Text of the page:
During Monday’s Helsinki summit, Russian President Vladimir Putin admitted that he had wanted President Donald Trump to win the election, despite the Russian leader’s insistence that he did not meddle in the 2016 election.

Asked if he wanted “President Trump to win the election and did you direct any of your officials to help him do that?” Putin responded, “Yes, I did. Yes, I did,” in response to the former question.

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The Russian leader attributed his political support to Trump’s promise to restore the U.S. relationship with Russia, as outlined in his campaign platform. “Isn’t it natural to be sympathetic towards a person who is willing to restore the relationship with our country, who wants to work with us?” asked Putin.

Both leaders still maintained, however, that “there was no collusion at all,” as stated by Trump. Putin also insisted that the accusations were “utter nonsense,” adding that “there’s no evidence [of collusion] when it comes to the actual facts.”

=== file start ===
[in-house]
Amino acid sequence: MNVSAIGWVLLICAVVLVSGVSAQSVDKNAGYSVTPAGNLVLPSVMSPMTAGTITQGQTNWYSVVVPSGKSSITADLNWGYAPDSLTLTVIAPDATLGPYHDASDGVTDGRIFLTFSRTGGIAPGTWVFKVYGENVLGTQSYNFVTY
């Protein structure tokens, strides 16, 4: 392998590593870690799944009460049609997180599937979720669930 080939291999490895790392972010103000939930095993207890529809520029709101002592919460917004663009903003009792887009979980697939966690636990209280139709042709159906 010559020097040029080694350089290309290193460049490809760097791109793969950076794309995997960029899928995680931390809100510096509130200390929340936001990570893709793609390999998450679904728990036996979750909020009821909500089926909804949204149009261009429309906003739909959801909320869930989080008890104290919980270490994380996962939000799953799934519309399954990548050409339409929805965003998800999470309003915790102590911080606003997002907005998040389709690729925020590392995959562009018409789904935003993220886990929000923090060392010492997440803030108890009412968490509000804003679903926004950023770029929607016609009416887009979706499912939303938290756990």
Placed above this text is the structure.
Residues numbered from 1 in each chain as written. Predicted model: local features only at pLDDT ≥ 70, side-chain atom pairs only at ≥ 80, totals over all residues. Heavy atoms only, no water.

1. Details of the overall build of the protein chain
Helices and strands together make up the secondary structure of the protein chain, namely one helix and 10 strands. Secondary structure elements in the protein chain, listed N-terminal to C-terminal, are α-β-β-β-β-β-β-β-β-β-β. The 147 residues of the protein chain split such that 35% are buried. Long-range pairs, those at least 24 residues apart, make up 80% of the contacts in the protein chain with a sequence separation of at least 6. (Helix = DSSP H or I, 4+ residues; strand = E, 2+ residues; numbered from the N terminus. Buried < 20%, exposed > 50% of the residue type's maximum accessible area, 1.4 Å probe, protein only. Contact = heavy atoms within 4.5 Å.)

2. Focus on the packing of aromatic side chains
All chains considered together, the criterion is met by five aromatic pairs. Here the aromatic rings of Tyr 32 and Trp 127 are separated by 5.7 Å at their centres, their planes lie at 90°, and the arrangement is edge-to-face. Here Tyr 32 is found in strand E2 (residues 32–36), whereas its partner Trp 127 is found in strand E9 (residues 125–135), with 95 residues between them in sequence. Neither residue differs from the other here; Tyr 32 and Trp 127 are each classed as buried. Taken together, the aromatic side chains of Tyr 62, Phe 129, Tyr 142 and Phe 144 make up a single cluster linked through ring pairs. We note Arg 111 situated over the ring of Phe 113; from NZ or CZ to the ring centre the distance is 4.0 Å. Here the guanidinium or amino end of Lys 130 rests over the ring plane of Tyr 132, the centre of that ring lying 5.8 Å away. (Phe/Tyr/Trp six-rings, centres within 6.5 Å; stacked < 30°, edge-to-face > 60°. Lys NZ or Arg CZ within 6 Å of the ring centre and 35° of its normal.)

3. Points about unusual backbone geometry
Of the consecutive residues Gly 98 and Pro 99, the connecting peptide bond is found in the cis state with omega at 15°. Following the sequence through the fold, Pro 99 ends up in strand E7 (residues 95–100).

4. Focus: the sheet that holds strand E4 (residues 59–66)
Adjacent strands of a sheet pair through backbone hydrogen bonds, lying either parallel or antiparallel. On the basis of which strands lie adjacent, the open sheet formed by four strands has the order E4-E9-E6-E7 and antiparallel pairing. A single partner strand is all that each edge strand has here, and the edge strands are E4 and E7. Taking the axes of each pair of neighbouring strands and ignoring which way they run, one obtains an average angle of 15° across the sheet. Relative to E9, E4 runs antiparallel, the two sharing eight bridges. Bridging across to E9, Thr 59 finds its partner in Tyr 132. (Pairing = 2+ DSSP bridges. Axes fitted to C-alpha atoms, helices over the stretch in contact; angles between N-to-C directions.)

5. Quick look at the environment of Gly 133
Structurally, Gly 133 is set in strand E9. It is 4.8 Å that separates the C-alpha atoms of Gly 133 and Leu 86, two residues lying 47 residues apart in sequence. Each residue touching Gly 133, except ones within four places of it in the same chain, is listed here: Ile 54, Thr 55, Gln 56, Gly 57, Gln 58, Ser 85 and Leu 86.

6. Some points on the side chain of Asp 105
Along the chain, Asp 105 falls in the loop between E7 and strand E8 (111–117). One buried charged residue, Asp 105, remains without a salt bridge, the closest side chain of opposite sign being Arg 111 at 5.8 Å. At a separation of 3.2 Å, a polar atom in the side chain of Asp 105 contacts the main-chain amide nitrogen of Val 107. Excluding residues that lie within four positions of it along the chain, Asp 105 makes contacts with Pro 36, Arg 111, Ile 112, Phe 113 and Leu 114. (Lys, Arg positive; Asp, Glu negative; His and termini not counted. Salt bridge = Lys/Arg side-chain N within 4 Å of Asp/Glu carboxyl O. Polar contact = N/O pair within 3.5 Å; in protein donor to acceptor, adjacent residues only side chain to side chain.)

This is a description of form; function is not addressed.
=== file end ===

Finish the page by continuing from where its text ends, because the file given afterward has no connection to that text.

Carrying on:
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This comes in the wake of a series of accusations against the Russian government concerning its secret involvement in the U.S. political arena. Just prior to the summit, 12 Russian intelligence officers were indicted for allegedly hacking into the DNC in a “sustained effort” to meddle in the 2016 election. Another Russian agent was later charged with using the NRA and other conservative groups to establish ties with key Republican political figures and set up a meeting between Putin and Trump in the run up to the election.

Trump has received backlash from both sides of the aisle for his conciliatory attitude when handling Putin. On Monday, Republican Sen. John McCain referred to the president’s behavior as “disgraceful,” meanwhile Sen. Jeff Flake called the situation “shameful.”